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  • Writer's pictureThe San Juan Daily Star

Zelenskyy visits Poland in hopes of shoring up support

President Volodymyr Zelenskyy of Ukraine at the Royal Castle in Warsaw on Wednesday.

By Andrew Higgins

Trading his signature olive-green sweatshirt for a more formal black one, President Volodymyr Zelenskyy of Ukraine was welcomed in Warsaw on Wednesday by a military band at the start of his first official visit to neighboring Poland, one his country’s staunchest supporters in its struggle to repel Russia’s military invasion.

Although Zelenskyy has stopped off in Poland several times since Russia began its full-scale invasion in February 2022, his current trip is his first there to be enveloped in the pomp and formal pageantry of the Polish state. Arriving with his wife, Olena, he was greeted at the presidential palace by President Andrzej Duda, dressed in formal attire, and an honor guard with fixed bayonets.

“I would like to thank the Polish president, the government and all Poles for the road we have walked together,” Zelenskyy said. “We greatly appreciate your support. Never in history has there been such warm and close relations between Poland and Ukraine.”

In a ceremony at the presidential palace, Duda awarded the Ukrainian president with the Order of the White Eagle, Poland’s oldest and highest decoration. Praising Zelenskyy and the “heroism of Ukrainian soldiers,” the Polish leader said: “We have no doubts that your stance today largely saves Europe from the deluge of Russian imperialism.”

The visit comes at a sensitive time, with Ukraine gearing up for an expected spring offensive, the Polish government under pressure from farmers angry about a flood of Ukrainian products, and growing, though still minority, public support for a far-right political party that had been highly critical of Zelenskyy.

That party, Confederation, has toned down its previously strident anti-Ukrainian message, which often echoed Kremlin talking points, but it still channels political currents at odds with the view of Poland’s mainstream parties that Ukraine and its people, more than 1.5 million of whom are now sheltering in Poland, deserve robust and unwavering support.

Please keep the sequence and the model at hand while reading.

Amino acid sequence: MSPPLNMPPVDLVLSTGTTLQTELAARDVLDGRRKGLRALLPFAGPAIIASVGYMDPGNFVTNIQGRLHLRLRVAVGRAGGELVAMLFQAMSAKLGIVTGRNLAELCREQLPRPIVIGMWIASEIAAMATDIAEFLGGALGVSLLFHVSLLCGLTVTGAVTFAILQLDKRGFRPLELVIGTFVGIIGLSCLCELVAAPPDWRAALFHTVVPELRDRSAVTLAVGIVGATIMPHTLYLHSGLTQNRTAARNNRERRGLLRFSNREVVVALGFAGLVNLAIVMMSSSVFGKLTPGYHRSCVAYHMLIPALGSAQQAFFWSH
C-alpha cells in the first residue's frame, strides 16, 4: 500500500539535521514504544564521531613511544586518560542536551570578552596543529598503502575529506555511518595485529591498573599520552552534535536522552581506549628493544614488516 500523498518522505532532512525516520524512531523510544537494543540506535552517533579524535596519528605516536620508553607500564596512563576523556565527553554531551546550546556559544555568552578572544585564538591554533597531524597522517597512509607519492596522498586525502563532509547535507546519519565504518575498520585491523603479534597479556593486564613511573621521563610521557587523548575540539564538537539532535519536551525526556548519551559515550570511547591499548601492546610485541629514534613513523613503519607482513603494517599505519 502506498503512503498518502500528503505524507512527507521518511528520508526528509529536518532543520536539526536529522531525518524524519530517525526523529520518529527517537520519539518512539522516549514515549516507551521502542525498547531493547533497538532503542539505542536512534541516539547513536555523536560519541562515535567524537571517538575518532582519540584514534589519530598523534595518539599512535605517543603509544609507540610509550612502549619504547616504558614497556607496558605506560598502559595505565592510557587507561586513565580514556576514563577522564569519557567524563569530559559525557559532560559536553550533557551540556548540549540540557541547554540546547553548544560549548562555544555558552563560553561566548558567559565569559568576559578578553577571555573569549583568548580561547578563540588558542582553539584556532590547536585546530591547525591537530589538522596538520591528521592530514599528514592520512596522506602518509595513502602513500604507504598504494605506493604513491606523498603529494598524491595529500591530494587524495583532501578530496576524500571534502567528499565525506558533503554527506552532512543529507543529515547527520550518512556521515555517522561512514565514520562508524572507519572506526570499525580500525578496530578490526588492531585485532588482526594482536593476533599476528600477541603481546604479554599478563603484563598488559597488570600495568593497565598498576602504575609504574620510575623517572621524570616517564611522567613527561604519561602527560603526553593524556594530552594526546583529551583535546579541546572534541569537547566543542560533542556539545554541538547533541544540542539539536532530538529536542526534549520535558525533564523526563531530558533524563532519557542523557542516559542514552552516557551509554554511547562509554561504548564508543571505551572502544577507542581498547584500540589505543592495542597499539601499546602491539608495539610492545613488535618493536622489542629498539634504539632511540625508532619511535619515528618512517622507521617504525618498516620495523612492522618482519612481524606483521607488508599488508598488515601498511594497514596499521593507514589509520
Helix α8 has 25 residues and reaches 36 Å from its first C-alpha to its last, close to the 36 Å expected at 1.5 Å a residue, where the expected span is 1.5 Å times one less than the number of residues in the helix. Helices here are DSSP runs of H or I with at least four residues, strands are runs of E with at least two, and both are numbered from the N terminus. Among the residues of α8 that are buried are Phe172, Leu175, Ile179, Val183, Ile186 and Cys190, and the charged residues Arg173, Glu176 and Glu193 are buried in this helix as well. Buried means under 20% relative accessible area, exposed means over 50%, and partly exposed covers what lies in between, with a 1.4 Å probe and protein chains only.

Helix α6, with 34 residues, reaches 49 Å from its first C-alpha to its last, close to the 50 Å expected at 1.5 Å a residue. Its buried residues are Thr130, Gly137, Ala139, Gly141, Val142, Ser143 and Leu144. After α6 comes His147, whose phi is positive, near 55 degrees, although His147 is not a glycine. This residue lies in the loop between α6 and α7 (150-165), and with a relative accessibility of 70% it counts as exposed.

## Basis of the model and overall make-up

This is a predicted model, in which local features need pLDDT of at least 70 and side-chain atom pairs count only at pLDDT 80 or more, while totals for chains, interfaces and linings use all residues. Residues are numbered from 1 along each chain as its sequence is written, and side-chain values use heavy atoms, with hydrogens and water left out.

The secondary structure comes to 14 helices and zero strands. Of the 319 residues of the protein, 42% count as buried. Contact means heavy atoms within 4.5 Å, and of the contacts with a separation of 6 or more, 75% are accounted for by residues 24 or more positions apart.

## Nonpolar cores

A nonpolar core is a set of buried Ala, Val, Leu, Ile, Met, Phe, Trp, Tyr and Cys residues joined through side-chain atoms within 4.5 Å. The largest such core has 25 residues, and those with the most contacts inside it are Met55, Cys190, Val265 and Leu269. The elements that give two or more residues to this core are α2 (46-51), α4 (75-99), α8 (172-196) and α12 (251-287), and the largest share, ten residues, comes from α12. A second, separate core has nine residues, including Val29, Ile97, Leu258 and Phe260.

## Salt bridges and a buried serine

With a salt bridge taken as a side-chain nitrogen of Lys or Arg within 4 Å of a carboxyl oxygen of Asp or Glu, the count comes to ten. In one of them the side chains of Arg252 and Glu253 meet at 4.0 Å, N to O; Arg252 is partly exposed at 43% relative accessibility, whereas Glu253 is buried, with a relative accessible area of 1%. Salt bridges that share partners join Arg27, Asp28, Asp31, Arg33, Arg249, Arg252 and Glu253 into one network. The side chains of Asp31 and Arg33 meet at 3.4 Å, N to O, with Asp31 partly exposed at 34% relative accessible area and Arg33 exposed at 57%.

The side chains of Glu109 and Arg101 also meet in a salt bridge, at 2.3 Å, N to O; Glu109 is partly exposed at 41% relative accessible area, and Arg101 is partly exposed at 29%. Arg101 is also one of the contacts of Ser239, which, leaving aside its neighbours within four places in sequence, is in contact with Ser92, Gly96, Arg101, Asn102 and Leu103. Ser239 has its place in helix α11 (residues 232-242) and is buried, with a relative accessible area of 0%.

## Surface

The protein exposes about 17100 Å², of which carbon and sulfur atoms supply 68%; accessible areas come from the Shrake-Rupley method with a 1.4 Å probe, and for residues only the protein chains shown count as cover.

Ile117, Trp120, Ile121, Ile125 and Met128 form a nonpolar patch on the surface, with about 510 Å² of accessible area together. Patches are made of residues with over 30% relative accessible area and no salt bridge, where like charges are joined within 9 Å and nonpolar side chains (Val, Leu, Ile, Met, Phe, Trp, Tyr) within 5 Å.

Some farmers, complaining that Ukrainian grain and other products have driven down prices, threatened to hold protests during Zelenskyy’s visit to press demands that Poland curb imports of produce from Ukraine. Poland takes in millions of tons of Ukrainian grain each month for delivery to other European countries, but farmers say that much of this has stayed in Poland and threatens their livelihood.

Poland’s agriculture minister, facing intense criticism from farmers, resigned Wednesday shortly after Zelenskyy’s arrival in Warsaw.

Marcin Przydacz, the head of Duda’s international policy office, told journalists that he and Zelenskyy would discuss “how to maintain the support of the West and the European and Euro-Atlantic unity that we have been able to achieve since the beginning of the war.” That unity, he said, needed to be reinforced, “because Russian propaganda naturally tries to break up our cooperation.”

The Polish government has shown no sign of wavering in its own support, rallying other European countries to step up their military aid, including modern German-made battle tanks and Soviet-designed warplanes. Poland recently delivered on a pledge to send MiG-29 fighters to Ukraine, the first country to supply such aircraft to Zelenskyy’s military.

Zelenskyy, eager to prevent any waning of public support in Poland, is expected to use an address to the Polish people later Wednesday to thank them for their help and repeat his oft-stated argument that Ukraine is fighting Russia not just for its own survival, but for the security of Europe as a whole.

Ukraine has been particularly grateful to Poland for the support given to refugees, whose arrival last year across their shared border met with an extraordinary outpouring of generosity. He will also meet with Ukrainians now living in Poland. About 10 million people have crossed into Poland from Ukraine over the past 13 months, although many moved on to other countries or returned to Ukraine.

Poland — which shares a 330-mile frontier with Ukraine and also borders the Russian enclave of Kaliningrad and Belarus, a close Russian ally — is not only a critical ally for Ukraine, but also the linchpin of NATO’s eastern flank.

Shortly before Zelenskyy’s arrival, the United States ambassador in Warsaw, Mark Brzezinski, joined the Polish defense minister, Mariusz Blaszczak, at the site of a huge new warehousing complex for U.S. tanks and other military hardware in Powidz, west of Warsaw. Brzezinski described it as “the largest single infrastructure project funded by NATO in 30 years.”

Instead of curtailing NATO’s expansion into the former Soviet satellite states of Eastern and Central Europe, one of the main goals set by President Vladimir Putin of Russia, the Kremlin’s military onslaught on Ukraine has “brought Poland and the United States closer together for a common cause,” the ambassador said. The U.S. Army last month opened its first permanent garrison in Poland.

“Today we are continuing to expand on a lasting U.S. military footprint in Poland,” Brzezinski said.

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